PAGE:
[OUTLOOK]‘New Right’ a hasty revision

Home > Opinion > Columns

print dictionary print

[OUTLOOK]‘New Right’ a hasty revision

New groups that claim to represent the New Right are fast sprouting these days. How are we to understand this phenomenon? Is this a “historical regression caused by a lag in consciousness” as Prime Minister Lee Hae-chan said, or is it, as Chairwoman Park Geun-hye of the opposition Grand National Party said, “a reflection of the spirit of the times and the public’s will?” As we can see from the fact that the opposition Grand National Party has embraced it with open arms, while the governing Uri Party and the government have expressed wariness, there is immense political significance in the emergence of the New Right. It means that the race for the 2007 presidential election looms closer on the horizon.
It is ironic but true that much of the credit for highlighting the rally of the New Right goes to the participatory government and the governing Uri Party. It is because the ineptness of the participatory government, as the Roh Moo-hyun administration is known, and the governing party have prompted a broad defection of popular support, and its progressivism that lacks in substance has reignited the public’s interest in conservatism.
It is also in the same vein that the popularity of the Grand National Party that did not contribute much to the national interest or people’s welfare is riding a high tide. The failure of the progressives who are responsible for steering state affairs is catalyzing the resurrection of the conservatives.
Some blame hyper-coverage by the conservative media for the resurgence of the New Right, but they are either overestimating the agenda-setting ability of the media, or overlooking the fact that the New Right movement rests on a certain amount of public support. A movement without public support cannot spread in a society like South Korea, where freedom of the press and expression are in full bloom.
The New Right actually encompasses many different groups with different orientations. There are those that aim to converge with institutionalized political power, as well as those that distance themselves from the powerful. In spite of these different orientations, the common trait among New Right groups is that they propose reformist conservatism and their political end-goal is liberalism. The New Right envisions correcting any distortions wrought by the Old Right, or the old guard conservatives of Korea’s free democracy. Furthermore, the New Right claims it will correct the “leftist-leanings of the Roh Moo-hyun administration” and preserve Korea’s political identity in pursuit of a better democratic society.
The New Right has its weaknesses. Its entry onto the political scene has been too easy, as it merely hopped on the bandwagon of the general public’s discontent toward the participatory government. Look-ed at more closely, the New Right’s zealous desire to breathe new life into political conservatism co-exists with its paucity in theory and action in support of liberalism. We also need to note that the New Right’s social awareness seem to lag behind those of the Citizens’ Coalition for Economic Justice founded in 1989 and the People’s Solidarity for Participatory Democracy founded in 1994. The New Right’s view on liberalism crudely mixes outdated economic liberalism that touts the market with a neo-liberalism context. It also seems to overlook the importance of distribution, which any balanced discussion on liberalism in this day and age must address.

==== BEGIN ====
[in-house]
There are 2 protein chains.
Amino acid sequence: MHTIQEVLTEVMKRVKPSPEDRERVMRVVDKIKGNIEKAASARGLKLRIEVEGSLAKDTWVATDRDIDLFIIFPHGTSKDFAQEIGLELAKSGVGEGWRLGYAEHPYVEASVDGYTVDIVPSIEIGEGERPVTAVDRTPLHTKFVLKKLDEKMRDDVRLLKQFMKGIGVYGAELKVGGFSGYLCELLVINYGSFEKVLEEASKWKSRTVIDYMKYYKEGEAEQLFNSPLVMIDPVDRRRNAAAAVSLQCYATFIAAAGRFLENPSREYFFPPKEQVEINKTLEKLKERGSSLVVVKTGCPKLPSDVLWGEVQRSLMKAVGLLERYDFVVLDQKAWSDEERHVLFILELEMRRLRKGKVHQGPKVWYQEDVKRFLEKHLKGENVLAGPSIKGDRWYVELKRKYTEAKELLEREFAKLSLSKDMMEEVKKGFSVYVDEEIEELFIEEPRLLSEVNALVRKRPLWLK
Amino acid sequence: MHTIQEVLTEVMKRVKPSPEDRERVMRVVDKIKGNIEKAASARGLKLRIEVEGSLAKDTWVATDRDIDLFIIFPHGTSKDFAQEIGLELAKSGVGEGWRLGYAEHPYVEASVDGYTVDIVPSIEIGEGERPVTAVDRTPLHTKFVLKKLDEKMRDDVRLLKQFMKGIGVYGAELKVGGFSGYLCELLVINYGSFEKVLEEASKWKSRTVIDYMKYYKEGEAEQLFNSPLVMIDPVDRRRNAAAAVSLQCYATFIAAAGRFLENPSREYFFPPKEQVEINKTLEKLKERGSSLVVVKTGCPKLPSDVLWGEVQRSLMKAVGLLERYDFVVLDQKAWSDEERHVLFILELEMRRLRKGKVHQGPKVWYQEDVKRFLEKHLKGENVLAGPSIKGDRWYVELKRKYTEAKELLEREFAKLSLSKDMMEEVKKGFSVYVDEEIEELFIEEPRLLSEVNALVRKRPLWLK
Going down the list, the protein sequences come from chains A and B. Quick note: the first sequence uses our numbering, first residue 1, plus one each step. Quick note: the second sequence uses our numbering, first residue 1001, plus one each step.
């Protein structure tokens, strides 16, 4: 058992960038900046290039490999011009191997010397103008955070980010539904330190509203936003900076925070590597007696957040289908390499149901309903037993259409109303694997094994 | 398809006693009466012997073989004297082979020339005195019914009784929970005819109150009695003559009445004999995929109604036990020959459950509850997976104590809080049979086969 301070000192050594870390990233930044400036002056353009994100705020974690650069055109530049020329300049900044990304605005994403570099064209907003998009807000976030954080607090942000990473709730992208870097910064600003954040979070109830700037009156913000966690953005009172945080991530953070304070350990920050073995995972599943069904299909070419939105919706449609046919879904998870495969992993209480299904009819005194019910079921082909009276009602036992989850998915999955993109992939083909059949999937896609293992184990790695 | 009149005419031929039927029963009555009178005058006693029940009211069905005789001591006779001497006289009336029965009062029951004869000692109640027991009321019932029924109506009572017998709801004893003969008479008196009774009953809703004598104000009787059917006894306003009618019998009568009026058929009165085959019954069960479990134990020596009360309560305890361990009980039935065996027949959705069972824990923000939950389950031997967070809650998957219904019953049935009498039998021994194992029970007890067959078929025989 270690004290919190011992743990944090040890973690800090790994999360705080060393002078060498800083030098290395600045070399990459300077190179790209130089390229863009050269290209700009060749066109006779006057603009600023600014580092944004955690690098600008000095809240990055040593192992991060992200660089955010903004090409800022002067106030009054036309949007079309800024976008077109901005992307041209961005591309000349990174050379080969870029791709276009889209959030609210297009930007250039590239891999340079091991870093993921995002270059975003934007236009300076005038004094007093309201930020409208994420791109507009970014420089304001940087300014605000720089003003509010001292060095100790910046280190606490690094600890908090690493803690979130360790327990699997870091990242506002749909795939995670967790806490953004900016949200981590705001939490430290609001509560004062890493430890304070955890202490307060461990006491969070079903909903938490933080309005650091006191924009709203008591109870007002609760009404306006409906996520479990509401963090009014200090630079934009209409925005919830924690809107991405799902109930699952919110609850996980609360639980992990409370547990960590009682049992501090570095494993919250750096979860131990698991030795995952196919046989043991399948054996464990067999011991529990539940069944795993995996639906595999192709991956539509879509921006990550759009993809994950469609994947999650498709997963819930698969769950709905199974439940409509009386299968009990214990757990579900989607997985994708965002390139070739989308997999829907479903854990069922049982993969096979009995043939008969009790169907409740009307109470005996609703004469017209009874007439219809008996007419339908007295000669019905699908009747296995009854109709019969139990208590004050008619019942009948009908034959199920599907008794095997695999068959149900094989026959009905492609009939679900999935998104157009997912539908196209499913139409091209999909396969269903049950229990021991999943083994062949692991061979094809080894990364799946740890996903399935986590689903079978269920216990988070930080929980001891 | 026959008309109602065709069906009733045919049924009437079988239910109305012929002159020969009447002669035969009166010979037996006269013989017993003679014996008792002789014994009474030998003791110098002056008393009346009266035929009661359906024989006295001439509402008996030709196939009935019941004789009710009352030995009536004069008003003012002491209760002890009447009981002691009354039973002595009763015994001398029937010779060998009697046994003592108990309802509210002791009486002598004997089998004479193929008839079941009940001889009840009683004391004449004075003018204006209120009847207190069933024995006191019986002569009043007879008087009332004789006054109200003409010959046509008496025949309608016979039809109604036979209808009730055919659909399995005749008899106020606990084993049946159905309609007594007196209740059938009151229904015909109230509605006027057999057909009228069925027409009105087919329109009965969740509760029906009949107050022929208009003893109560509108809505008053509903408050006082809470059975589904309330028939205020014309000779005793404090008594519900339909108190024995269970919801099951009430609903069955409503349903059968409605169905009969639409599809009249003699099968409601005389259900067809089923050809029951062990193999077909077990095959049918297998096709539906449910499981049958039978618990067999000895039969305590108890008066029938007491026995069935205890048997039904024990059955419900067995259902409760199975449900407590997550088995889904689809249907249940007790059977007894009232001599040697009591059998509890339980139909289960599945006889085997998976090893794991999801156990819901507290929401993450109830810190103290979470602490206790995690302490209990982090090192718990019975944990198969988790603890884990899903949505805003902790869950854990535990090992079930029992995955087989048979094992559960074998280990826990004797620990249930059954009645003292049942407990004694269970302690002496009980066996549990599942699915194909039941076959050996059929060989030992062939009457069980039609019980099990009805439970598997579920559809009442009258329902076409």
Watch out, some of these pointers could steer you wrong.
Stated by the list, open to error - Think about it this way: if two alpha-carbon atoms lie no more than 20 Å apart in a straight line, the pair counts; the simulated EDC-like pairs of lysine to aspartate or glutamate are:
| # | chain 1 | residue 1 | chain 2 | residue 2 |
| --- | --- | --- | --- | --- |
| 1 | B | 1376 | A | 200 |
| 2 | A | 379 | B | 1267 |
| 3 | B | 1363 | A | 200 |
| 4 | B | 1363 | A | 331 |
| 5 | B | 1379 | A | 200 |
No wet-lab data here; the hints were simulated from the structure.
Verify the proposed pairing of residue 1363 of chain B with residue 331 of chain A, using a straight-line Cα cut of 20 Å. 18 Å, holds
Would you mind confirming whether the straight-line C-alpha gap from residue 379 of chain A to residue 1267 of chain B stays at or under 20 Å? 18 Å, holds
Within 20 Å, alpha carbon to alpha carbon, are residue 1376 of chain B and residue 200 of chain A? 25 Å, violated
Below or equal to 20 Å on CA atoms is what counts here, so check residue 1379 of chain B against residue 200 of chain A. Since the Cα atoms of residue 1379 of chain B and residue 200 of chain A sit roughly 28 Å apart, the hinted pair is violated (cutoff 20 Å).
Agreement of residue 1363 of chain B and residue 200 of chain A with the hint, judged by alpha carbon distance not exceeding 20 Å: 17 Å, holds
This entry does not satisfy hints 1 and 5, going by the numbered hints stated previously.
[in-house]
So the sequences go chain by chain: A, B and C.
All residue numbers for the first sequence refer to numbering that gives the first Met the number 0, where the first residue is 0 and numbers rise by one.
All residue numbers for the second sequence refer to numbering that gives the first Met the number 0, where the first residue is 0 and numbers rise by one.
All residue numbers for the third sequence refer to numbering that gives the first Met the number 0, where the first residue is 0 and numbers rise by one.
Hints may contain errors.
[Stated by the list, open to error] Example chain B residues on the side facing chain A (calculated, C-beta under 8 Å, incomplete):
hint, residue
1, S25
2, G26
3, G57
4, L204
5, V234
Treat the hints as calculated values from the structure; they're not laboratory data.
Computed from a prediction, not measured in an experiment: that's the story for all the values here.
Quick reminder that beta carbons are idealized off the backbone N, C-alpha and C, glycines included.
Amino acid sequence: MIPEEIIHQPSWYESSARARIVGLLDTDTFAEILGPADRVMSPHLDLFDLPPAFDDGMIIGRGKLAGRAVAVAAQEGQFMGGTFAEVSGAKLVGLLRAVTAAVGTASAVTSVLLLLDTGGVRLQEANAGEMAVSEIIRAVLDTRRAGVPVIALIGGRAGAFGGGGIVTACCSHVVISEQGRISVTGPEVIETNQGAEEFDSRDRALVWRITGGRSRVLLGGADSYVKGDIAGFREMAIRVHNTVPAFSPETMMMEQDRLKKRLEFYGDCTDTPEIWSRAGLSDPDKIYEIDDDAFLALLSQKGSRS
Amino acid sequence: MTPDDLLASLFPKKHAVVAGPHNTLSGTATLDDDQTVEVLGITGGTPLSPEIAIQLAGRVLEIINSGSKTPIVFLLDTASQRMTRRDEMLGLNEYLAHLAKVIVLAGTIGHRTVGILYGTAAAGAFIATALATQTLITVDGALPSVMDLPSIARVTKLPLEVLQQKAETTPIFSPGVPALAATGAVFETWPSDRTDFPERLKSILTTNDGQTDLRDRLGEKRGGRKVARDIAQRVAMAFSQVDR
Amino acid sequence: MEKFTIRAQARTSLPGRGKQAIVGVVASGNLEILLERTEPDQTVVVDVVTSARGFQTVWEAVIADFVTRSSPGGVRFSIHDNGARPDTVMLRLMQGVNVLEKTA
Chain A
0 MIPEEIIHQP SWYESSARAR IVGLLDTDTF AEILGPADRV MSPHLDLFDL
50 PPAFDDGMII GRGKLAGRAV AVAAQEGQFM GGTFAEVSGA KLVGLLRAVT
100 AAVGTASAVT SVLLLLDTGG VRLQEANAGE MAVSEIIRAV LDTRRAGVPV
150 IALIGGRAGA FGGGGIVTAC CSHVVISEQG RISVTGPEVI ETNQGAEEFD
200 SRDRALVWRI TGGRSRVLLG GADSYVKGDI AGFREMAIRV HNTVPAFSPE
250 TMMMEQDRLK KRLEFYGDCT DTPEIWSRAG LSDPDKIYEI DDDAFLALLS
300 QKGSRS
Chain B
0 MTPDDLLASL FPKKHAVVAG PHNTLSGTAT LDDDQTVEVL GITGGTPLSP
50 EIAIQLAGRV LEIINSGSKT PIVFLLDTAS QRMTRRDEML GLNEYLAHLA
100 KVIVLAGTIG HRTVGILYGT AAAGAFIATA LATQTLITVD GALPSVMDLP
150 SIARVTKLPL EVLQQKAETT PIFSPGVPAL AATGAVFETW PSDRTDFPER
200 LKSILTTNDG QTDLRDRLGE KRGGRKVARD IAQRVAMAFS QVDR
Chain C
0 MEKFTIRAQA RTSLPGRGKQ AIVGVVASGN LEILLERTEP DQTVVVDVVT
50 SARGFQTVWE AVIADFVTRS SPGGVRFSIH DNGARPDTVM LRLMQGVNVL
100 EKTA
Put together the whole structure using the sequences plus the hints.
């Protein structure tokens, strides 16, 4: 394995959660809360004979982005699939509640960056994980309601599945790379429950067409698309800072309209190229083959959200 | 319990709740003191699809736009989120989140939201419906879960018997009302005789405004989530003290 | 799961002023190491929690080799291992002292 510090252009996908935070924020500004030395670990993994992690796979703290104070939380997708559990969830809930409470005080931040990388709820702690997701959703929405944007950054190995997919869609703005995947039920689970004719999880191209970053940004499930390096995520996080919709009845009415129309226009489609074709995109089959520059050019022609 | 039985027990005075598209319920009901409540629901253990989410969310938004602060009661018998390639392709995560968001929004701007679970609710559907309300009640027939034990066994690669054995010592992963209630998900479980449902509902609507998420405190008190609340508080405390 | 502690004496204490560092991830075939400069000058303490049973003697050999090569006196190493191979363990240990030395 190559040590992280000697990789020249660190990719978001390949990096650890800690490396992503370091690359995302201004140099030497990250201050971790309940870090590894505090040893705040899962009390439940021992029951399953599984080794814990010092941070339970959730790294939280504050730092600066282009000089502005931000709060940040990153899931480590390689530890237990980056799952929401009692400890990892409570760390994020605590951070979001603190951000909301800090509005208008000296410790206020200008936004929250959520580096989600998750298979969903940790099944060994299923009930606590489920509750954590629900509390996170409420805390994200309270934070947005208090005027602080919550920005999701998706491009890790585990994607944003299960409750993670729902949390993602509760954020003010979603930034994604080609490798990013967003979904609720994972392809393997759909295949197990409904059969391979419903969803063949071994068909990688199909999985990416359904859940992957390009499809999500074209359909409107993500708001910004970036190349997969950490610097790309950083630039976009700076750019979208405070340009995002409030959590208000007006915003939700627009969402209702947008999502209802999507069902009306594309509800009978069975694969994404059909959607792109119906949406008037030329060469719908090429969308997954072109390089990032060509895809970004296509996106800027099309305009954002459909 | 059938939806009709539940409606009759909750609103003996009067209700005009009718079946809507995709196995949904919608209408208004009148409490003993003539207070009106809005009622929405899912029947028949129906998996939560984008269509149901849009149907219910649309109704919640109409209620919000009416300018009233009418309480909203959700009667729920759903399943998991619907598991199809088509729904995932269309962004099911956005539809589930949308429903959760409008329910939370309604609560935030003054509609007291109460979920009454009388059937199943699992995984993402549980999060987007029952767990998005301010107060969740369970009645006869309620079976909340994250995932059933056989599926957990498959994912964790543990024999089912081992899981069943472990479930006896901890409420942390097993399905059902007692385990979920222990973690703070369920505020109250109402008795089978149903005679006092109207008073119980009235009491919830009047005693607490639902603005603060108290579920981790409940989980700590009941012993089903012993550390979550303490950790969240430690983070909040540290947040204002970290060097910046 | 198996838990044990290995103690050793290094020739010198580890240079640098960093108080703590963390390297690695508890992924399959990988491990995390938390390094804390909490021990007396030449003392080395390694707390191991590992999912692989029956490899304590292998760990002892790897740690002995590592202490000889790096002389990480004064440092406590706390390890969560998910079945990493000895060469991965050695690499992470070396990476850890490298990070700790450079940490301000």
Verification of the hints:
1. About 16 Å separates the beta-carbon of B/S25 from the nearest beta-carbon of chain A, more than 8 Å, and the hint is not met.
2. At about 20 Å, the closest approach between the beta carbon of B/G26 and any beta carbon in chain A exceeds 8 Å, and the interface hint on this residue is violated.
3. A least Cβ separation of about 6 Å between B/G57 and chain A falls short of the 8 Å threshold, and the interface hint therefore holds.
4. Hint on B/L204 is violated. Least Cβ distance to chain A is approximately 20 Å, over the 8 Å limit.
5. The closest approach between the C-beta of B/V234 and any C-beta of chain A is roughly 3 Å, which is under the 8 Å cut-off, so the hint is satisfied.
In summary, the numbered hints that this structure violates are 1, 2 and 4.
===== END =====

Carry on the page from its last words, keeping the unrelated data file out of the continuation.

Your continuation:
The New Right has yet to put forth a vigorous vision on how to expand our democratic civic rights, which is not surprising given its sensibilities about economic justice. So it is no wonder that its emphasis on the urgency of democratization of the North is suspected to be made for domestic political purposes. Rather than making steady efforts to reconstruct liberalism, the New Right suffers from hasty determination that aims to strengthen its socio-political standing by putting new clothes on outdated Korean liberalism.
This is not good news for economic liberalism in Korea, which looks about to make a healthy comeback. To date, Korean liberalism has been degraded to either an anti-Cold War and anti-Communism ideology or to pariah market capitalism by the old guard. On the other hand, it was mercilessly looked down upon by progressives. In both cases, it shows that the two camps have not fully understood the rational essence of liberalism.
The rightist liberalism worship and the leftist liberalism bashing are none other than ideological twins born of the distortions modern Korean society underwent. As for the New Right, it is a hastily done revision of the rightist liberalism worship. In the same vein, the emergence of the New Right is both a “historical regression” and a “ reflection of public will.” It is a historical irony that misgovernance by the Roh Moo-hyun administration ― by talking the talk but not walking the walk on progressivism ― should cause such a dramatic reversal. The biggest mistakes committed by the administration that stood for progressivism are that it reversed the advance of history by turning progressivism and reform into objects of mockery and thus shook to the core the democratic foundations of Korean society.

* The writer is a professor of social philosophy at Hanshin University. Translation by the JoongAng Daily staff.


by Yoon Pyung-joong
Log in to Twitter or Facebook account to connect
with the Korea JoongAng Daily
help-image Social comment?
s
lock icon

To write comments, please log in to one of the accounts.

Standards Board Policy (0/250자)

What’s Popular Now